incoming OSPF packets. Only OSPF packets that pass the authentication can be received. If a packet
fails the authentication, the OSPF neighbor relationship cannot be established.
If you configure OSPF authentication for both an area and an interface in that area, the interface uses the
OSPF authentication configured on it.
You must configure the same authentication mode and password for all routers on the same network
segment.
To modify the MD5/HMAC-MD5 authentication password without tearing down OSPF neighbor
connections, perform the following key rollover configurations:
1.
Configure a new MD5/HMAC-MD5 authentication password. If the neighbors have not been
configured with the new password, this configuration triggers a key rollover process, during which,
OSPF advertises both the new and old passwords so all neighbors can pass the authentication.
2.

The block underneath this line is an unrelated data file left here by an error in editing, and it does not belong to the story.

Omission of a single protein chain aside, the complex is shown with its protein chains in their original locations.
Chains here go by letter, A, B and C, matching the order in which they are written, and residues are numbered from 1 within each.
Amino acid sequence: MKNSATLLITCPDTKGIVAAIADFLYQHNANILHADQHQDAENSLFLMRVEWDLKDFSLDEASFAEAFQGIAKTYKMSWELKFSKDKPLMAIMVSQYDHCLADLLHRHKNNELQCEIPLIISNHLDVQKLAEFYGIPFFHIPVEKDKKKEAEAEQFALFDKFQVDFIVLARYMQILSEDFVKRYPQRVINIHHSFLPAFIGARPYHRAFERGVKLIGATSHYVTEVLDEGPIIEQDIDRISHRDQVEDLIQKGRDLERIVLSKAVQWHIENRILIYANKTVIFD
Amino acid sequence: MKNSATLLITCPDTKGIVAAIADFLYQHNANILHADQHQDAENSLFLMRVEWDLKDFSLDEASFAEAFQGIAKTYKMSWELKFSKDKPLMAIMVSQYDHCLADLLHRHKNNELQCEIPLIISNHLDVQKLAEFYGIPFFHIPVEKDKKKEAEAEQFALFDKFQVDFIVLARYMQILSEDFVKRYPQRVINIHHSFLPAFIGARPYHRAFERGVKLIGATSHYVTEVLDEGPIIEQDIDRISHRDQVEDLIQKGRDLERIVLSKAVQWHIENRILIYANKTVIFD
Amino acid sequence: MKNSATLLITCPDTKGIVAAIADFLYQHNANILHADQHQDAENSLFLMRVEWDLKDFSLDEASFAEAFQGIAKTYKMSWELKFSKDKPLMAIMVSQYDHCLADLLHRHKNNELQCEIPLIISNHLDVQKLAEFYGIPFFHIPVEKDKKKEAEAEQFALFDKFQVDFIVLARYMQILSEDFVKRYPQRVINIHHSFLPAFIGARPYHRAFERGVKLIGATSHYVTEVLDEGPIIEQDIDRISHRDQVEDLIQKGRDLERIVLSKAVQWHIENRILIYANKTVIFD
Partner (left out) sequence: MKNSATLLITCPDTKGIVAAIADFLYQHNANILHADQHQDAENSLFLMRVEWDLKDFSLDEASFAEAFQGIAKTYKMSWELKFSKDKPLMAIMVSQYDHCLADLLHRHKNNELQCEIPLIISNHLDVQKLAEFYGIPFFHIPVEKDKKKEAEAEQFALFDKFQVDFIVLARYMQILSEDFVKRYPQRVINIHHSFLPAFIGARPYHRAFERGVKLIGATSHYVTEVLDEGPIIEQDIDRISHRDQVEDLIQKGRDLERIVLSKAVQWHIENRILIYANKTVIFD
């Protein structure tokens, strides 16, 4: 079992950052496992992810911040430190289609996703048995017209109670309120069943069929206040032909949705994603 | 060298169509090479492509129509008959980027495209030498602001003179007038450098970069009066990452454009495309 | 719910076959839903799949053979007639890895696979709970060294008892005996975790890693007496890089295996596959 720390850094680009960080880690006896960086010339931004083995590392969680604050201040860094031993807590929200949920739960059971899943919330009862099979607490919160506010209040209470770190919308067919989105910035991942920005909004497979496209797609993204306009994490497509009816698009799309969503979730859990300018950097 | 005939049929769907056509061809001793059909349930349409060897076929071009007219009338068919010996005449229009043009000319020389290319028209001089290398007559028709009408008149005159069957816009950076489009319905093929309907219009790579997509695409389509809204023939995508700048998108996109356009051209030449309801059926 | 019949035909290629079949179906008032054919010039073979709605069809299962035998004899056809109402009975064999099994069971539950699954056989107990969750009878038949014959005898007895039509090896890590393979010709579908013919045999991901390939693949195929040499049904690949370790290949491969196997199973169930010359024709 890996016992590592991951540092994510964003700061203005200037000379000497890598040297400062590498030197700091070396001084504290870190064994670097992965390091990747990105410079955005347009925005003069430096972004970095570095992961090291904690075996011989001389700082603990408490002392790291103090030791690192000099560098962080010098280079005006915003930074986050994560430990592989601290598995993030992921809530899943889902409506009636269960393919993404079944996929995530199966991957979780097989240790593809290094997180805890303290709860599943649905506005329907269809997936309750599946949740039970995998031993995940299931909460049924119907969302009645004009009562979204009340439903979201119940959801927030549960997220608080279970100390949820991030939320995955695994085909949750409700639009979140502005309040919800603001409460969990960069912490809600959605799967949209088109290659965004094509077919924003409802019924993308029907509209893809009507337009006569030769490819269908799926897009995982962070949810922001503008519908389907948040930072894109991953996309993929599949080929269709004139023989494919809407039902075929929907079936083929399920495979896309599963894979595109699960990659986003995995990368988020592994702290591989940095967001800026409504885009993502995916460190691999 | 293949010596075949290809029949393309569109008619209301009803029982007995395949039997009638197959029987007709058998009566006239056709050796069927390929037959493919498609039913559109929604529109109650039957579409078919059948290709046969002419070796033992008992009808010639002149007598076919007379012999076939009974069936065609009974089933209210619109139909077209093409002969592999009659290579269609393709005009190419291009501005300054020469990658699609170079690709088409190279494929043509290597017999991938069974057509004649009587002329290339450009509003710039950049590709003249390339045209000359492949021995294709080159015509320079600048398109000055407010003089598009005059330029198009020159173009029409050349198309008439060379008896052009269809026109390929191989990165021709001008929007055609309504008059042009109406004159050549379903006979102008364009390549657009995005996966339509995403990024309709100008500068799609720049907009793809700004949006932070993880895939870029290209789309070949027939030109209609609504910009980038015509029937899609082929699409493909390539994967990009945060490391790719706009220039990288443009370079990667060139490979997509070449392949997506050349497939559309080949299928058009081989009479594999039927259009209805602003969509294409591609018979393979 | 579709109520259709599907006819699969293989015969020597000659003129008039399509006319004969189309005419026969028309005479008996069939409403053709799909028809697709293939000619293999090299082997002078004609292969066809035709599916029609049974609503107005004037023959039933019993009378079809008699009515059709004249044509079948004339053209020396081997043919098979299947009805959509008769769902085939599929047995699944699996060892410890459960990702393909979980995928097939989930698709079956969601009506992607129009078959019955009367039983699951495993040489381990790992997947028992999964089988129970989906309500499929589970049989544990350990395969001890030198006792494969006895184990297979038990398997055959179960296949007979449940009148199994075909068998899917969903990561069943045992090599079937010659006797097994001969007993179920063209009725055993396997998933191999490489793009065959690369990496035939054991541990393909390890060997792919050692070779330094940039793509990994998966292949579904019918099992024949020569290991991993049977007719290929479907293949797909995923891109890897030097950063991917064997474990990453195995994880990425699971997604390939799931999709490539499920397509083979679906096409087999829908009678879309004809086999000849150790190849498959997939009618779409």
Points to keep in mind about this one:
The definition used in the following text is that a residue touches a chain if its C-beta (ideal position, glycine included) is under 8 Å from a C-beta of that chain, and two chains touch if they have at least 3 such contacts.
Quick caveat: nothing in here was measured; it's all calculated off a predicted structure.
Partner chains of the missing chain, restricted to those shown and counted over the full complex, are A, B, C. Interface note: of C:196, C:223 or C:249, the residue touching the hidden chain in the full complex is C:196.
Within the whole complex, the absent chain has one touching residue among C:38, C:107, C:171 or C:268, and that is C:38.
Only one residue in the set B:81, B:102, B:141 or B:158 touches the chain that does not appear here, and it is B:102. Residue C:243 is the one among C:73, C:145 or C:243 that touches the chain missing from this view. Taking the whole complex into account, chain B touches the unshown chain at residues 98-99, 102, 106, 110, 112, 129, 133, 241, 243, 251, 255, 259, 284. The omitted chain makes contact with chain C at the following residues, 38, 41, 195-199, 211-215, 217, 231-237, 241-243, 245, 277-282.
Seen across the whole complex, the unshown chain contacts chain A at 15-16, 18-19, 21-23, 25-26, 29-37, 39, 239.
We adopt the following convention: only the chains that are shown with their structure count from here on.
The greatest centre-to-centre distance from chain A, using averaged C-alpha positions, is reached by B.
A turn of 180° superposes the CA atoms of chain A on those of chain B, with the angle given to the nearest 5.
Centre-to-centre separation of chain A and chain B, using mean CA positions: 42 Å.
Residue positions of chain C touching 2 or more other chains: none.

Configure the new MD5/HMAC-MD5 authentication password on all neighbors. After OSPF
receives packets carrying the new password from all neighbors, it quits the key rollover process.
3.
Remove the old MD5/HMAC-MD5 authentication password from the local device and all its
neighbors. This operation can avoid attacks that use the old password and reduce bandwidth
consumption by key rollover.
Configuring OSPF area authentication
Step
Command
Remarks
1.
Enter system view.
system-view
N/A
2.
Enter OSPF view.
ospf [ process-id | router-id router-id |
vpn-instance vpn-instance-name ] *
N/A
3.
Enter area view.
area area-id
N/A
• Configure simple authentication:
4.
Configure OSPF area
authentication mode.
authentication-mode simple [ cipher |
plain ] password